Jessie Deslauriers’ “favourite place in the world” is the Queen’s University Biological Station (QUBS). She’s honouring the place where she spent so much time while earning her biology degrees with a $1 million gift to build a new research and teaching facility.
The building, which will open officially next spring, has a library named in honour of Ms. Deslauriers’ father, noted journalist Jack Hambleton, four laboratory classrooms and a herbarium.
“QUBS is so important for research and learning, especially now as field stations across the country are much diminished,” says Ms. Deslauriers, Artsci'87, Artsci'91.
Now retired, the Kingston resident earned her degrees by taking one course a year while working full-time as an administrator in a number of Queen’s departments. She also sat on University Council for eight years.
Ms. Deslauriers’ love for biology stretches back to her youth when she roamed through Toronto’s green spaces rescuing injured birds and baby bats.
Her father indulged her enthusiasm for all things wild and natural because he too had a love for nature, as well as being a well-known author and newspaper reporter. The first editions of his published works, which include topics on Ontario hunting and fishing, will have found a home in the Jack Hambleton Library, a key feature of the new facility.
At QUBS, Ms. Deslauriers found her family. Long-time QUBS director Raleigh Robertson (now retired), QUBS manager Frank Phelan, and past assistant manager Floyd Connor became her “brothers.” A cabin in which she stayed while doing her field research, fondly referred to as Bunkie One, became her home away from home.
“Those guys always accommodated me even when my job got in the way of my studies. They found ways to let me continue my research,” she says.
Stephen Lougheed, the current director of QUBS, cannot say enough about Ms. Deslauriers’ generous spirit and what it will do for the station.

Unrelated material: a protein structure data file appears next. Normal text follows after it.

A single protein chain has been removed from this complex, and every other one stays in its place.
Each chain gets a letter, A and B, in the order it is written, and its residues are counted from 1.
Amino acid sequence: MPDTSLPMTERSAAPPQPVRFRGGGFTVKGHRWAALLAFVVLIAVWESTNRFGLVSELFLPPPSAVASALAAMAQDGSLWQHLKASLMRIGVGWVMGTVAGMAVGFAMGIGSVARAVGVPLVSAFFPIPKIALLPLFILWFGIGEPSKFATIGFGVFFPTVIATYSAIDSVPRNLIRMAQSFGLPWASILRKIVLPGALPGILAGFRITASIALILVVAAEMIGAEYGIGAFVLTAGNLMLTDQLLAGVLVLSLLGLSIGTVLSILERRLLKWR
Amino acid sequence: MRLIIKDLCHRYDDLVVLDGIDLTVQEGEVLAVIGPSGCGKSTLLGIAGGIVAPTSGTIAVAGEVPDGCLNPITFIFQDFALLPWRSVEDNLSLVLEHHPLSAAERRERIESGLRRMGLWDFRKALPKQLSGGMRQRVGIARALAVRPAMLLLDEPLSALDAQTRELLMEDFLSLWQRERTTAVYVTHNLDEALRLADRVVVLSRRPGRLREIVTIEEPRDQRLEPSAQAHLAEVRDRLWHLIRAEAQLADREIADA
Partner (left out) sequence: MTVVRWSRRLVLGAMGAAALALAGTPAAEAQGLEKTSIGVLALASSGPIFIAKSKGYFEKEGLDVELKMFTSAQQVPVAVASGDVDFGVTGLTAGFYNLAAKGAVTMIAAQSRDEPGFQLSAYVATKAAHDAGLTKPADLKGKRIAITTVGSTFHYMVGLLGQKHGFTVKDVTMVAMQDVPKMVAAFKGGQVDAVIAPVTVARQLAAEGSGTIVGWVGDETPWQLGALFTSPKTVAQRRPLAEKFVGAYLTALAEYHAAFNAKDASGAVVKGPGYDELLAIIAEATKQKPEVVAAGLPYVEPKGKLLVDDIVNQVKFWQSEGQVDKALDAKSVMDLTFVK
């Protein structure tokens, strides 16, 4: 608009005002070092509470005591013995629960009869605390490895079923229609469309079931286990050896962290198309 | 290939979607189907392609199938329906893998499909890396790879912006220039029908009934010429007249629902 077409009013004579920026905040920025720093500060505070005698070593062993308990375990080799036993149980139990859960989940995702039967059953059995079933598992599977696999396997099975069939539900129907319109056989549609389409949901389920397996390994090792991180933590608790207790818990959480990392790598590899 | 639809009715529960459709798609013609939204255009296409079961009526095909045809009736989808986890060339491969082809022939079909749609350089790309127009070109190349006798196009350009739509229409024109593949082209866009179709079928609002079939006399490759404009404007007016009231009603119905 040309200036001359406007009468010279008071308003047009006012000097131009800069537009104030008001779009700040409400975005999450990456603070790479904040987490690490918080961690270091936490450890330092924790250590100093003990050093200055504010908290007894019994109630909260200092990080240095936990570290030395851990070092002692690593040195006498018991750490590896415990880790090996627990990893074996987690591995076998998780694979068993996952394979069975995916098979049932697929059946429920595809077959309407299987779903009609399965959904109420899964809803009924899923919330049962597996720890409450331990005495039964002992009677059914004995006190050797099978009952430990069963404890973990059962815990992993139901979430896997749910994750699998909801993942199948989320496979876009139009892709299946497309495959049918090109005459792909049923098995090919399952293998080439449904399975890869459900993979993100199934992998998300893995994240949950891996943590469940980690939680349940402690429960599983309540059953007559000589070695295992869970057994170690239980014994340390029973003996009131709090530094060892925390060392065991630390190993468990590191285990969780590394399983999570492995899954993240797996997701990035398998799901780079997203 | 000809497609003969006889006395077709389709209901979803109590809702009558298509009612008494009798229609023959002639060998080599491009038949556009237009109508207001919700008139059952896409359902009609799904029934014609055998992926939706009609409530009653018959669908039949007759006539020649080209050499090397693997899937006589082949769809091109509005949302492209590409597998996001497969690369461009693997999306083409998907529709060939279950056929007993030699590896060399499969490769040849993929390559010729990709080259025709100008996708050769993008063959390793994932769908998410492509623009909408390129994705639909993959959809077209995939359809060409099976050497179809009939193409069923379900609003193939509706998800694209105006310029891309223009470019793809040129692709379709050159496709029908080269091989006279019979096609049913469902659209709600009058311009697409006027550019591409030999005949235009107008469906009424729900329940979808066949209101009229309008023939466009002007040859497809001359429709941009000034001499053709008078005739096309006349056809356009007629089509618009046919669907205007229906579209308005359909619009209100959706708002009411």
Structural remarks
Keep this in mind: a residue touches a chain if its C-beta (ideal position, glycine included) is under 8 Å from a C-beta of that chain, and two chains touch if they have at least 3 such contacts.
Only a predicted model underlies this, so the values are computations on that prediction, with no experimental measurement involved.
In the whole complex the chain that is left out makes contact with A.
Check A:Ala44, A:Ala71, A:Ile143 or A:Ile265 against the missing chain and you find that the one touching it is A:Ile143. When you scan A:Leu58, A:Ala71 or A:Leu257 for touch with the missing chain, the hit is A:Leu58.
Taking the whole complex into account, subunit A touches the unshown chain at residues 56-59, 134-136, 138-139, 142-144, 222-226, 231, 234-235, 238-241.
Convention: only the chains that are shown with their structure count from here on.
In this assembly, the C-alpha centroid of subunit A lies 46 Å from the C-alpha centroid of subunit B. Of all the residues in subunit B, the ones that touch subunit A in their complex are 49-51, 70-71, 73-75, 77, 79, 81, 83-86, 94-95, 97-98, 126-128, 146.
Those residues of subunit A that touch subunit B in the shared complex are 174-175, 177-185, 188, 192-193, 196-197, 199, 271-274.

“A gift of this magnitude will enrich the lives of hundreds and hundreds of students for years to come. It will help them gain insights into and passion for the natural world,” he says.
In practical terms, Dr. Lougheed sees the new facility as a “capacity building enterprise” that will greatly enhance teaching and research for undergraduate and graduate students, not just from Queen’s but from around the world.
The library, with a view of Lake Opinicon, will be a beautiful and calming space, where researchers can congregate and students will write their papers and theses. The 144,000-specimen herbarium will foster new research in plant ecology and conservation including work on invasive species. The four new laboratories will allow for multiple research groups and classes to work simultaneously.
Dr. Lougheed believes Ms. Deslauriers' gift speaks powerfully to connections people have with QUBS. As one of the premier scientific field stations in Canada, thousands of students have studied and explored the Lake Opinicon area for almost 70 years. They’ve conducted research and participated in courses spanning ecology, evolution, conservation, geography and environmental science. Ms. Deslauriers is creating a lasting legacy for this remarkable place that continues to inspire students seeking to understand the natural world.